At the luncheon, Parris compared his response to the civil rights suit to the process for tempering steel. "What you do with metal is you heat it up and you get all those molecules just dancing," he said, wiggling his fingers in the air and grinning. "[Then] it cools down with all of the molecules lined up - a much stronger piece of metal that can withstand just about anything. I think that's where we are right now with all this Section 8 stuff. It's just boiling a little bit, and when it cools down we're going to have something magnificent."
Parris then projected a slide of Catherine E. Lhamon, lead counsel in the plaintiffs' suit, surrounded by plaintiffs and her co-counsel. "But until then," he continued, "the biggest threat to this city are the people using Section 8 for their own purposes, for their own political agenda."
In recent interviews, the mayor contends that Lancaster is the victim of a conspiracy to "dump" Los Angeles's poor into distant suburbs. "This suit was not created by the NAACP - [it was] created by the housing authority," he says. "This was a put-up deal by the County of Los Angeles, with the county counsel, to shut us up. That's all this is."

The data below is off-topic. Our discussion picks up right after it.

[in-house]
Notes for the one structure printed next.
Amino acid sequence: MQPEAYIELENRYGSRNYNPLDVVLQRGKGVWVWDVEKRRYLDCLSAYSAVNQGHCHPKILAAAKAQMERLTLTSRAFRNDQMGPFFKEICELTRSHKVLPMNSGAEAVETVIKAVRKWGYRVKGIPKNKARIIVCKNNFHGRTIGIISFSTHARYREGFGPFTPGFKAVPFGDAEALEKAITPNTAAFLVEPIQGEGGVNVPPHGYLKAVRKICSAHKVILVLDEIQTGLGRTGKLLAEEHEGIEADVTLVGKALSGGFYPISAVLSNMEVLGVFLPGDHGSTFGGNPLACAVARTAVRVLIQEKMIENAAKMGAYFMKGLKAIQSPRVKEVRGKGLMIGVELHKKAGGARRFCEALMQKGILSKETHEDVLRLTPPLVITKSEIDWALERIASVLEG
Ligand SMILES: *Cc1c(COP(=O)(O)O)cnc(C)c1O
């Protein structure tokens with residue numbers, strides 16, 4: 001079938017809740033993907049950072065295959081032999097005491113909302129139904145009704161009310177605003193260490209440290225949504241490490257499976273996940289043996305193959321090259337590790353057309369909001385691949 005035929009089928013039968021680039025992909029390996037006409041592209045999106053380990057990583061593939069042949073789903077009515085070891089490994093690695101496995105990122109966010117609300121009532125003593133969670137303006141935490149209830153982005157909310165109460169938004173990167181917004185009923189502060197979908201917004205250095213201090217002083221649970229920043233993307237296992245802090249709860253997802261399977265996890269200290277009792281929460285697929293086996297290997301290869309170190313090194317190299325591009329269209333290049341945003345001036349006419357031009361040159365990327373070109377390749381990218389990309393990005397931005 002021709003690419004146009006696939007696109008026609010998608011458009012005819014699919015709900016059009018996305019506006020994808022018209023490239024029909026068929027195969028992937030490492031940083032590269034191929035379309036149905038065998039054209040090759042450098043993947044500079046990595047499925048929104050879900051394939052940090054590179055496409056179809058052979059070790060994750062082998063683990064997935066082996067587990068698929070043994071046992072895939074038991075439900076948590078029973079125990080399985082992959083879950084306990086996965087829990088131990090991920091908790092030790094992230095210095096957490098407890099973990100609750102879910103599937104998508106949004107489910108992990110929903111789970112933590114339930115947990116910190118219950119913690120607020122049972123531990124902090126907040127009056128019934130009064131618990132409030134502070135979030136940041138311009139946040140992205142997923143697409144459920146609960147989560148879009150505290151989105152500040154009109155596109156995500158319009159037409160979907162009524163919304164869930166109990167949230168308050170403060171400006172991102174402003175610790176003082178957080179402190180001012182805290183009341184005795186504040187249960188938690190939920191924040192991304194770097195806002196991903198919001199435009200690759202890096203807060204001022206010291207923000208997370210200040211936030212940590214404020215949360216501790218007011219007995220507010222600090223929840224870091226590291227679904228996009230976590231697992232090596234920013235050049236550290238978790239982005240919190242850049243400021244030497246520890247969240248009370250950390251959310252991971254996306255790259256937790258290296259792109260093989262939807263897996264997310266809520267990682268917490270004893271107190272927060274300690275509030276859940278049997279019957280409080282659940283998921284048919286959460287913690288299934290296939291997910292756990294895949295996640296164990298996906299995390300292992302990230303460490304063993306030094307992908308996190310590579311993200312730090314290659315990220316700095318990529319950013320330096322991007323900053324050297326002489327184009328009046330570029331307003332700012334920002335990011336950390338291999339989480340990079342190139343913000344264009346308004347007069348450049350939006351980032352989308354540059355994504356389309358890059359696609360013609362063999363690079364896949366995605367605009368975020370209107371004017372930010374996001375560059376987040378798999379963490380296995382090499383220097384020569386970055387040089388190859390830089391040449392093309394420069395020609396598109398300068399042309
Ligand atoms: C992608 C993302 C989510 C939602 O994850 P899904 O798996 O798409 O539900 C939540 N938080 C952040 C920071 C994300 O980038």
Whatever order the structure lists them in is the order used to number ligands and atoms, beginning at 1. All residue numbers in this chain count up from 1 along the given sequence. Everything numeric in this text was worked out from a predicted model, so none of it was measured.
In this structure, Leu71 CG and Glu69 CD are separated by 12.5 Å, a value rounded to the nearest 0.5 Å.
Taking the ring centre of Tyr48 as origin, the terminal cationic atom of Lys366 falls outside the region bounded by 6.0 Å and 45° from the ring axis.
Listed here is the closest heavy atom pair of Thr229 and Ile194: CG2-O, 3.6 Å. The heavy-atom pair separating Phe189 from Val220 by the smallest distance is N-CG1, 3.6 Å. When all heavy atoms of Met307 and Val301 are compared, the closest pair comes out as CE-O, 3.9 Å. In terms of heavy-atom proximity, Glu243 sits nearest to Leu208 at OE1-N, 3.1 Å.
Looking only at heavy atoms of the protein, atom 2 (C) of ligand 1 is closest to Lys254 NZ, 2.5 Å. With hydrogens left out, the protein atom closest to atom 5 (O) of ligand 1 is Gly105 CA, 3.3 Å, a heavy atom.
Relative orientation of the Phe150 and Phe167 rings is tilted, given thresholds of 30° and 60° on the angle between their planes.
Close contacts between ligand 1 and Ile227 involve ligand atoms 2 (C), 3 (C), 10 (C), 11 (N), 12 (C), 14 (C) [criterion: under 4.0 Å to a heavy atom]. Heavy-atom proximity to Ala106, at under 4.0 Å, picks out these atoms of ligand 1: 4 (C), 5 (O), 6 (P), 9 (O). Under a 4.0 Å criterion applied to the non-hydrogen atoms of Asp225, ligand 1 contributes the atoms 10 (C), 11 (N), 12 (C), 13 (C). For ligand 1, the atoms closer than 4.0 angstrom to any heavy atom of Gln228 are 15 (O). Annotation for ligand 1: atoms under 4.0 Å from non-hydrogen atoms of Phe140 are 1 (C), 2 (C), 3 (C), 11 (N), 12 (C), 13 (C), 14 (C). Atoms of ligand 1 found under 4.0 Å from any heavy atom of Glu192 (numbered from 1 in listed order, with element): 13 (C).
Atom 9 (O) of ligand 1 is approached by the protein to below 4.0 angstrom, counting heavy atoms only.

Not so, says Lhamon, who is director of impact litigation at Public Counsel. "I'm actually speechless at the suggestion," she said recently. "It certainly would have been unethical if that had happened, and nothing is further from the truth. ... Lancaster thinks the lawsuit is a fake. For me, that is Exhibit A for why Lancaster needs to be sued."
Earlier this year the plaintiffs negotiated an agreement with the county counsel, and Palmdale settled after U.S. District Judge Otis D. Wright denied a motion to dismiss the suit. Lancaster is now the sole defendant. Parris, however, sees no reason for the city to fold.
"The plaintiffs woke up a sleeping dragon," he says. "They shot their shot, and it was a blank. And when I fire the gun, it's never a blank. It's gonna be fun."
To an outsider, the cities of Palmdale and Lancaster